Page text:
Thought-Factory.net Philosophical Conversations Public Opinion philosophy.com Junk for code
parliament house.gif
RECENT ENTRIES
SEARCH
ARCHIVES
Commentary
Media
Think Tanks
Oz Blogs
Economic Blogs
Foreign Policy Blogs
International Blogs
Media Blogs
South Australian Weblogs
Economic Resources
Environment Links
Political Resources
Cartoons
South Australian Links
Other
www.thought-factory.net
"...public opinion deserves to be respected as well as despised" G.W.F. Hegel, 'Philosophy of Right'

Adelaide Festival of Ideas: Elephants & Dragons « Previous | |Next »
July 6, 2007

The first event of the 2007 Adelaide Festival of Ideas took place last night at Elder Hall. It was entitled The Elephant and the Dragon. Kerryn Goldsworthy's insightful comments are here. It was an interesting and broad ranging opening session with a lot of different threads woven together. Radio Adelaide has podcasts The Australian makes no reference to the Festival---an indication of its unease with ideas?

The session was about the global economy, the interdependency of Australia with India and China, the formation of a multipolar world, and national security implications for an Australia aligned with the US in containing China but reliant on trading with China for its prosperity. Peter Mares from the ABC's National Interest gave the session its theme with a succinct question: what role do China and India play in shaping our destiny.

Joseph Cheng took the affirmative. There will be a multipolar world by 2050 with China going capital intensive and India taking the manufacturing route.This kind of development means more raw materials sourced from Quarry Australia. China will play a large role in the global economy through its foreign exchange reserves and overseas investment and will place pressure on the US to address its twin budget deficits.

Ramachandra Guha approached the question from a historical perspective of the British colonial discourse holding that India would never be a democracy as it would collapse into anarchy and dictatorship from internal tensions and conflicts. today the discourse has changed to India being a superpower, which has more appeal to the Indian political class, who envision India as an imperial power. Guha argues that the Indian political class does not have the capacity to be an imperial class and that it will just muddle along. Muddle because the effect of globalization is contradictory---a high tech Bangalore booms whilst the Indian poor in the regions are disempowered.

Robin Jeffrey argued that India can show the way for the world state system in a complex and diverse world. His argument was by analogy India is a complex and diverse nation state, that accommodates huge language and religious differences. The federal system is the key to this success with a strong centre underpinned by a public philosophy of Ghandism. The multi polar world, with its different langauges and religions, needs a strong centre and this will probably come from the US, China, Russia India as a concert of power holding differences together.

Jeffrey confirmed Guha's thesis that India will just muddle along in terms of handling its diversity and the tensions between economic growth and environmental protection.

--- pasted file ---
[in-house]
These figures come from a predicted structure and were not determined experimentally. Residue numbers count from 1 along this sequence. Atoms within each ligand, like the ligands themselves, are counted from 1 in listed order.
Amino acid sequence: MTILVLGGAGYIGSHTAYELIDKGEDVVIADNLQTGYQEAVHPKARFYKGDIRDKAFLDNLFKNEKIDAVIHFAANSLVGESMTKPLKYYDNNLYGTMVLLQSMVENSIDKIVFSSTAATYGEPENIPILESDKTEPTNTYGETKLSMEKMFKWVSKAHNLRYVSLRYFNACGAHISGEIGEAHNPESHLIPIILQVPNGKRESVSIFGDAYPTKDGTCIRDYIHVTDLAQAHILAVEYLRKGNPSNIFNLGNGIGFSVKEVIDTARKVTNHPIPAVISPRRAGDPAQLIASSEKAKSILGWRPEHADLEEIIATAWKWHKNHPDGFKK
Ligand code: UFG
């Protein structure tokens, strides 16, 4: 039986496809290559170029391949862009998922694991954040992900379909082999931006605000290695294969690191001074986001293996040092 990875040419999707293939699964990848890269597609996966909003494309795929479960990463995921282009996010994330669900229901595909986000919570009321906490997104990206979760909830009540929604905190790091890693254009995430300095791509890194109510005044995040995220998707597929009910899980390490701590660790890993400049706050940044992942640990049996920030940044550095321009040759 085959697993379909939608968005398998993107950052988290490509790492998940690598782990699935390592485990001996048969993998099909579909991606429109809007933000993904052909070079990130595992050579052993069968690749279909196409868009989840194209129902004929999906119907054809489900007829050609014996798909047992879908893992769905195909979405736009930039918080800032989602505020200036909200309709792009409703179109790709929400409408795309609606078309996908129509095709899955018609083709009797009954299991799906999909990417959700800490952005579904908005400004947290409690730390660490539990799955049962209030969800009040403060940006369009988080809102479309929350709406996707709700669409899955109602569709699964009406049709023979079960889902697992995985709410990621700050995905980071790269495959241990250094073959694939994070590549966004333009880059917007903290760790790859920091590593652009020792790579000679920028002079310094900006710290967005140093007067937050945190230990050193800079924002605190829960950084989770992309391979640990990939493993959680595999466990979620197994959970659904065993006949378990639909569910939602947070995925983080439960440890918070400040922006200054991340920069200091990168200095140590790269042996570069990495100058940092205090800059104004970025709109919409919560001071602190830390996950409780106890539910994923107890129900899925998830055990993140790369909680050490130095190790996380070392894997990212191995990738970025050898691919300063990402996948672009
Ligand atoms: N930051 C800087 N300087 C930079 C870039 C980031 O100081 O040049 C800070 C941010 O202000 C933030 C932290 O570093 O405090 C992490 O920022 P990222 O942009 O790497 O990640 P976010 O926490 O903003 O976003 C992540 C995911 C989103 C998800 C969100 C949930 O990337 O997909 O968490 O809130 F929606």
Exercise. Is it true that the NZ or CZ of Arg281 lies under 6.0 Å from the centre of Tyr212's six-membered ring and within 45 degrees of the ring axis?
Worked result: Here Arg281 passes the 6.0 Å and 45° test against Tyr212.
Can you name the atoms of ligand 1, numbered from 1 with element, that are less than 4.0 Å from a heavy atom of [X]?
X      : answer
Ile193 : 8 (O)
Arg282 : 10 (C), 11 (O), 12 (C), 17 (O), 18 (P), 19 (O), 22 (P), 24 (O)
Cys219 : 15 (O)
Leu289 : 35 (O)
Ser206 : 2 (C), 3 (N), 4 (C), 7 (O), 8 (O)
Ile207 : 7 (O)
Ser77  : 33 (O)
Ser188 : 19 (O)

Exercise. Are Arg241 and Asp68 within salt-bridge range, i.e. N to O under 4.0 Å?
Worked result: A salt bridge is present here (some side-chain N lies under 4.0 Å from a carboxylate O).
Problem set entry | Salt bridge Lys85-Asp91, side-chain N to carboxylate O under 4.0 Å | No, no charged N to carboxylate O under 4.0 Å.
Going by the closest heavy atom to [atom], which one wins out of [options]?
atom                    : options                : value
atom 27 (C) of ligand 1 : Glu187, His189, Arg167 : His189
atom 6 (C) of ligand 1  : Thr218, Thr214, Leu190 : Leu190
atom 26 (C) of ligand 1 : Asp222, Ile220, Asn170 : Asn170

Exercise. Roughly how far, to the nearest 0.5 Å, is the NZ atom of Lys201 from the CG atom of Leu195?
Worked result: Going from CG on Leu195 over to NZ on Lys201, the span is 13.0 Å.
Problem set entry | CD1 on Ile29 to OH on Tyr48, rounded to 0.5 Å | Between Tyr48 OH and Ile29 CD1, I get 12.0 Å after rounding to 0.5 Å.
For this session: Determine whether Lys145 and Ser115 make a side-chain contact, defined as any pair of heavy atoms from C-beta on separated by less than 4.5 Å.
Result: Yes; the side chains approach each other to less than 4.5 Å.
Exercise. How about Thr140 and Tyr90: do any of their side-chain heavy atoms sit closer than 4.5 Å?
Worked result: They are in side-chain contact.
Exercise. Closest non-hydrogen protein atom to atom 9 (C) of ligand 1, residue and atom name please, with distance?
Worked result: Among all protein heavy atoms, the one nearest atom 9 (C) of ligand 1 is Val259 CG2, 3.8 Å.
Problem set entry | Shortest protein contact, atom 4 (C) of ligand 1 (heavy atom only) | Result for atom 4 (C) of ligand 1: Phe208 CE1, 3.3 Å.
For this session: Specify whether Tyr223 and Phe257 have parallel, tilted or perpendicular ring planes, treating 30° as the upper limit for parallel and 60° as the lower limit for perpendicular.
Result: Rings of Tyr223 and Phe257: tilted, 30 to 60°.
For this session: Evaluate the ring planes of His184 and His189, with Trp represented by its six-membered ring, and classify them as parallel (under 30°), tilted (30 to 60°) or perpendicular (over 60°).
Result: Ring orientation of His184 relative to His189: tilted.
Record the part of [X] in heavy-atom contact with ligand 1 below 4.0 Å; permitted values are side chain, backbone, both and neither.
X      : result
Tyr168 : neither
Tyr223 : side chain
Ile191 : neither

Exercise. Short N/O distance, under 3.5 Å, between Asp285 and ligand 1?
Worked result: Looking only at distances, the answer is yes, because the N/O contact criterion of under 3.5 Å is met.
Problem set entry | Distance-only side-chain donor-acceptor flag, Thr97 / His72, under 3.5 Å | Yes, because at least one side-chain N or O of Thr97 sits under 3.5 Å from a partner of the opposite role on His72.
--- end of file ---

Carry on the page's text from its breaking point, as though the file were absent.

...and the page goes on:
Colin Ryan was the most pessimistic or sceptical. She questioned the myth of the transfer of power from the West to the East since despite the new factories China doesn't have the necessary infrastructure to be a economic superpower. It has no global companies, it is much poorer than the US, investment banks are underdeveloped, hedge funds nonexistent, and there is no rule of law.

In geo-strategic terms of the tensions associated with a balance of power in the world of nations the US will not allow the China to become a superpower, China will be forced to deal with the way its economic effects global warming. India, Japan and Russia will not kowtow to China. What is happening is the containment of China by India, Japan, Australia and the US.

Philippe Legrain also adopted a sceptical tone as argued that we have no idea what will happen by 2050. It observed that the modernization of China was similar to that of Britain in the 19th century in that there was a massive movement from agriculture to manufacturing ad huge transfer of the population from the countryside to the cities. With India there is a global movement of people to Silicon Valley in the US and then back to India to set by businesses in Bangalore. Suprisingly, Marx's name was never mentioned. Why so?

One of the implications from these "briefings" to us citizens that was drawn out in the subsequent conversation was amongst the speakers that the populations of China and India will not attain western standards of living. They are already having to confront the environmental consequences of rapid economic growth, especially China; as this growth, with its global competition for natural resources, is killing people and laying waste to the environment Though the Chinese Communist Party at the central level are beginning to address, it is not happening in the provinces where the corruption is deeply embedded. It was held that corruption is the greatest obstacle to ensuring a better environment.

And inequality? Doesn't that drive economic growth at the expense of the environment? It was stated that Australia is currently bedazzled by China and neglects India. Maybe Australia, as a middle ranking power, can persuade China to improve its human rights and climate change record. However, we in SA are planning to sell lots of uranium to China and India to ensure our prosperity. Yet no one mentioned nuclear proliferation even though Australia is becoming a part of the US's defensive shield against China.

Update
The Adelaide Review has a background article that allows Robin Jeffrey and Paul Monk to voice their views.

| Posted by Gary Sauer-Thompson at 8:01 AM |